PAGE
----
I'm sure there were plenty of more interesting things at Black Hat/Defcon though. :)

    • by Anonymous Coward
      today we find out the information was all years old

      I think all that means is that the terrorists are going on scouting missions. IOW, scout possible targets, determine some facts about them, etc. It's the same thing militaries have done for centuries: figure out what to attack and what impact it might have.

      The question is whether the targets scouted are still considered relevant by the terrorists. This is the type of stuff intelligence services need to find out, and in a timely manner. And if it is s
    • It's only so long till most Americans start ignoring the terror alerts as things now stand,. . .

      What do you mean start to ignore terror alerts? I haven't listened to one since the beginning!

      Cue the Herman Goering quote about keeping people in fear. . .

    • I think the big thing that the government did just learn is that the president can stand on TV and announce the creation of an "intelligence czar" and not one damned person in the room will jump up and say "So what in the name of the sweet baby Jebuz is Tom frigging Ridge, then? Huh?" That scares me more than the Al Quaedas, kids.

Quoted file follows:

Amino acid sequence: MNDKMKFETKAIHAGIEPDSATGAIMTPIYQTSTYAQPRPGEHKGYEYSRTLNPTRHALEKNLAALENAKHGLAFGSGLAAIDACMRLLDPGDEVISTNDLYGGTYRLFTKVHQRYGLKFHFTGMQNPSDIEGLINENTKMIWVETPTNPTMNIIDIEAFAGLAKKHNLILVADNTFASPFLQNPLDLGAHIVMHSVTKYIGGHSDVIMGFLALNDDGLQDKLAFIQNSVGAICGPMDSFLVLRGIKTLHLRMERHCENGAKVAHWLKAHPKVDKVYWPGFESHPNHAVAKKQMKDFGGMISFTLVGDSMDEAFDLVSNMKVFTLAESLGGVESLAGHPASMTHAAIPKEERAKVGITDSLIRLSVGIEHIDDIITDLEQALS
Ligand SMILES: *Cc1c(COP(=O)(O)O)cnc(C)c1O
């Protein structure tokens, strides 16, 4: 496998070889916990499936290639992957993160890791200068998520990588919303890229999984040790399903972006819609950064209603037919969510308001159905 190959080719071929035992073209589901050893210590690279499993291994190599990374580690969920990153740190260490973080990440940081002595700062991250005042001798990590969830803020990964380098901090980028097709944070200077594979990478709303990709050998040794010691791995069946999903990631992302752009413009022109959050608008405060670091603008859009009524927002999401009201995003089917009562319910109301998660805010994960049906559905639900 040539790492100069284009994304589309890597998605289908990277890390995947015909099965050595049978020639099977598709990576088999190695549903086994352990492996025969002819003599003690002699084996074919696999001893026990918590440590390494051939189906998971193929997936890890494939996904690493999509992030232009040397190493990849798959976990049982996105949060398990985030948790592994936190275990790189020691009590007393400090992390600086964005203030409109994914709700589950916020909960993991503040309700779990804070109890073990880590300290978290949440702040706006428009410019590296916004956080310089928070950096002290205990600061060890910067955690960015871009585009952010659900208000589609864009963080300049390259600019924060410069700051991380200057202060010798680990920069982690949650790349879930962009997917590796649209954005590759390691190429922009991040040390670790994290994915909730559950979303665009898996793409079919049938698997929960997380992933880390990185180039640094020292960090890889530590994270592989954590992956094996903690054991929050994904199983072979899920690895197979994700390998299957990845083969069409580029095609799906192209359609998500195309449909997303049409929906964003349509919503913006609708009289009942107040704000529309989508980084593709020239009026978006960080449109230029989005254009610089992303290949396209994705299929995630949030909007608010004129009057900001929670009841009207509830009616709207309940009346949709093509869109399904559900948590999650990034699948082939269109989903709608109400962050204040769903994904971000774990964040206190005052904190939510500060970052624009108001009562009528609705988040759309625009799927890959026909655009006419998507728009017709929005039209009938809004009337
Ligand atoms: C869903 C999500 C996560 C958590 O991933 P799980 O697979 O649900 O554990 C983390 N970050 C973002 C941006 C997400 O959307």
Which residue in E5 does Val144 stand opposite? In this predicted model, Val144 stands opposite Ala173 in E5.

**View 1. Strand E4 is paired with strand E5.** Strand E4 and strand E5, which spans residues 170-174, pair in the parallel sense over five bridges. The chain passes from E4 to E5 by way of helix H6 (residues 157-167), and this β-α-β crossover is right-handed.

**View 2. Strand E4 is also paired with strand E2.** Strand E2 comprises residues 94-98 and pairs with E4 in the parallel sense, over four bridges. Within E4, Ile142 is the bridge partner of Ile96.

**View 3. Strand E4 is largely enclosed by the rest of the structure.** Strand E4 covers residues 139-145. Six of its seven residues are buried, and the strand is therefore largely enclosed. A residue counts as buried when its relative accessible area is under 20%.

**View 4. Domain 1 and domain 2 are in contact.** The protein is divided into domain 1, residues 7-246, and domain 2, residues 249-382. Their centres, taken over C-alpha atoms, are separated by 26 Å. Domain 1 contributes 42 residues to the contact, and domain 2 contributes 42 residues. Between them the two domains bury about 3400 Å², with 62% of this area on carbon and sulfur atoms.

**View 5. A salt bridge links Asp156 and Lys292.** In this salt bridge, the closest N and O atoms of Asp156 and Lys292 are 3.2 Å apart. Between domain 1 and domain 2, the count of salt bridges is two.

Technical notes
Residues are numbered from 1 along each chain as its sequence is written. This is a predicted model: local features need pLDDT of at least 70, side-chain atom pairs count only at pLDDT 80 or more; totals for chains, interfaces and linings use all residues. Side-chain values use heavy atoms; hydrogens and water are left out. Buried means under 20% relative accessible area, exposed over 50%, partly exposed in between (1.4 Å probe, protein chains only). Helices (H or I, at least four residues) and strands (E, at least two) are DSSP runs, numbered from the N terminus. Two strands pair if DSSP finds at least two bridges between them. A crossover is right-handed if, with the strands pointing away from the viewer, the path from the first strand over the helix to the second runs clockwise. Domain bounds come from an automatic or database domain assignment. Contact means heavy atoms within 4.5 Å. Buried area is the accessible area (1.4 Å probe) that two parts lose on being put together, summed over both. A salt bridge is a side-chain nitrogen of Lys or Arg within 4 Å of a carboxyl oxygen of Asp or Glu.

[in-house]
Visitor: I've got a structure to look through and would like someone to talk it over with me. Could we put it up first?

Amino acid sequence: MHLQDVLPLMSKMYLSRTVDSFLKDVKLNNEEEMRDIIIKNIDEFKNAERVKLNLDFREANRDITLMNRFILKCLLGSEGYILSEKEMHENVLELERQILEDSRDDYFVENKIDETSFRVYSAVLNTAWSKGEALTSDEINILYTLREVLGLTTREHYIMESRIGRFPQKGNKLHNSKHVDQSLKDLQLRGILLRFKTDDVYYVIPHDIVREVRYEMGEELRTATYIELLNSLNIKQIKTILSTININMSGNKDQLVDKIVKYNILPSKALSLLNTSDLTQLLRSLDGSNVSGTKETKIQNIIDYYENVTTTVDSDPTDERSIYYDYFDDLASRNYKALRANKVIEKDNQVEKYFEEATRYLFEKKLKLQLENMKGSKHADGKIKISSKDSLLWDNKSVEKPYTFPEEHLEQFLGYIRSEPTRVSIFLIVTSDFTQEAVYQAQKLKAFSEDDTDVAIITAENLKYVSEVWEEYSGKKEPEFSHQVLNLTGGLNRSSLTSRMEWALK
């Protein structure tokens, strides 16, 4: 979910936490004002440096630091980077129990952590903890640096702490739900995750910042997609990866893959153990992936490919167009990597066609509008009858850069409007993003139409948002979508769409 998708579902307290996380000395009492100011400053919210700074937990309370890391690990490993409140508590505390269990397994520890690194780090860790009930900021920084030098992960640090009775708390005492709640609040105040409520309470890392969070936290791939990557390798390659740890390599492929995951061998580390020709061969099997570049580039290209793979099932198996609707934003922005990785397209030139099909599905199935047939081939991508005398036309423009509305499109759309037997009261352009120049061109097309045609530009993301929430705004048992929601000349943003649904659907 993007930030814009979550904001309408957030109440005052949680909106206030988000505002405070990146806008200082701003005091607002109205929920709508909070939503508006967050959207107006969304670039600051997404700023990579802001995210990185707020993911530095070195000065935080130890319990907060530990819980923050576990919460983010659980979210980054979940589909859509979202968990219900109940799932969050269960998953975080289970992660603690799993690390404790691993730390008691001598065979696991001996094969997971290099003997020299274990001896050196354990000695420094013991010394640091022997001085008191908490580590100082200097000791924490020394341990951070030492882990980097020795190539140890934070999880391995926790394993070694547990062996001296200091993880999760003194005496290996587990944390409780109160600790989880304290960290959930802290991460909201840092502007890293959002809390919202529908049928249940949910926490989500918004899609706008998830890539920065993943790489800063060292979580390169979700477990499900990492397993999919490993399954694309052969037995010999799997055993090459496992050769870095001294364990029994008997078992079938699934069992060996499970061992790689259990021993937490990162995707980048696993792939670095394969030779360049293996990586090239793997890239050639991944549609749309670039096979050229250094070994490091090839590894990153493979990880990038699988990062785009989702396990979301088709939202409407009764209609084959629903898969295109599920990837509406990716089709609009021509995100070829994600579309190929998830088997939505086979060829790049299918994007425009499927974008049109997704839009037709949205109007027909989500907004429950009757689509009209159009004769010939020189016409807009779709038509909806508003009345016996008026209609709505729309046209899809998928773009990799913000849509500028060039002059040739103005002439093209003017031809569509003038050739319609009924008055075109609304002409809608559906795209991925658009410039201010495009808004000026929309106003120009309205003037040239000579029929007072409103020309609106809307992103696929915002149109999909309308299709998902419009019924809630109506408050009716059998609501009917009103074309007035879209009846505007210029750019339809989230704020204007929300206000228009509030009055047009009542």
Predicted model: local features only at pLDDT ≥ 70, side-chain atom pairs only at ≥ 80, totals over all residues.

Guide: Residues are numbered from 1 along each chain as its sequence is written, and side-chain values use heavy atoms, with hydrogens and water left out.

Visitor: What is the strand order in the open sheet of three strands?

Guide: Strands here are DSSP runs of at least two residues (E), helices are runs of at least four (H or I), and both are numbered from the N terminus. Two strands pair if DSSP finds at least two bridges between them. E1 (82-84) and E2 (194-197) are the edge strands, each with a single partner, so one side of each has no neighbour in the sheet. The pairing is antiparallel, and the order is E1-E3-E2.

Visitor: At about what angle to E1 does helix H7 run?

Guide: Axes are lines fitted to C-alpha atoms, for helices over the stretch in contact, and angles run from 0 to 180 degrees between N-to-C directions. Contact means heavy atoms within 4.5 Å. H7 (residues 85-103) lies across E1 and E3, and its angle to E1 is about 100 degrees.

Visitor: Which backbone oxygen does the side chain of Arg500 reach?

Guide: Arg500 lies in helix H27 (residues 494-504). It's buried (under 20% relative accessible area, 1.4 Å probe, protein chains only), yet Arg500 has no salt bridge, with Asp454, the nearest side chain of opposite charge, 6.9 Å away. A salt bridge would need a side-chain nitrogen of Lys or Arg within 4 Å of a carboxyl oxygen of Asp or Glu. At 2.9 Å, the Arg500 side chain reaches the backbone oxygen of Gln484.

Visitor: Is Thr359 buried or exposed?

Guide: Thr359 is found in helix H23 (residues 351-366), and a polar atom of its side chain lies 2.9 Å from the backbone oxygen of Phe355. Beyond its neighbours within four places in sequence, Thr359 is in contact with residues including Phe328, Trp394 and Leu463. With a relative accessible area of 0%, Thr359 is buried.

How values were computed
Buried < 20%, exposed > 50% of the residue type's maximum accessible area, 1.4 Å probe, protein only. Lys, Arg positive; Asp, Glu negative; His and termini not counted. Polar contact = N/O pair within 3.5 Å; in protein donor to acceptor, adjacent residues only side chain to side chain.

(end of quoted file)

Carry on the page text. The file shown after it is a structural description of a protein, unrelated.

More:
• I think the big thing that the government did just learn is that the president can stand on TV and announce the creation of an "intelligence czar" and not one damned person in the room will jump up and say "So what in the name of the sweet baby Jebuz is Tom frigging Ridge, then? Huh?" That scares me more than the Al Quaedas, kids.

        Well I didn't jump up and say it but I've been wondering myself why we need one, as you point out, what's Tom Ridge for? I thought he, and his new department of Homeland Secu

        • Well I didn't jump up and say it but I've been wondering myself why we need one, as you point out, what's Tom Ridge for? I thought he, and his new department of Homeland Security, were supposed to at least coordinate info from various agencies.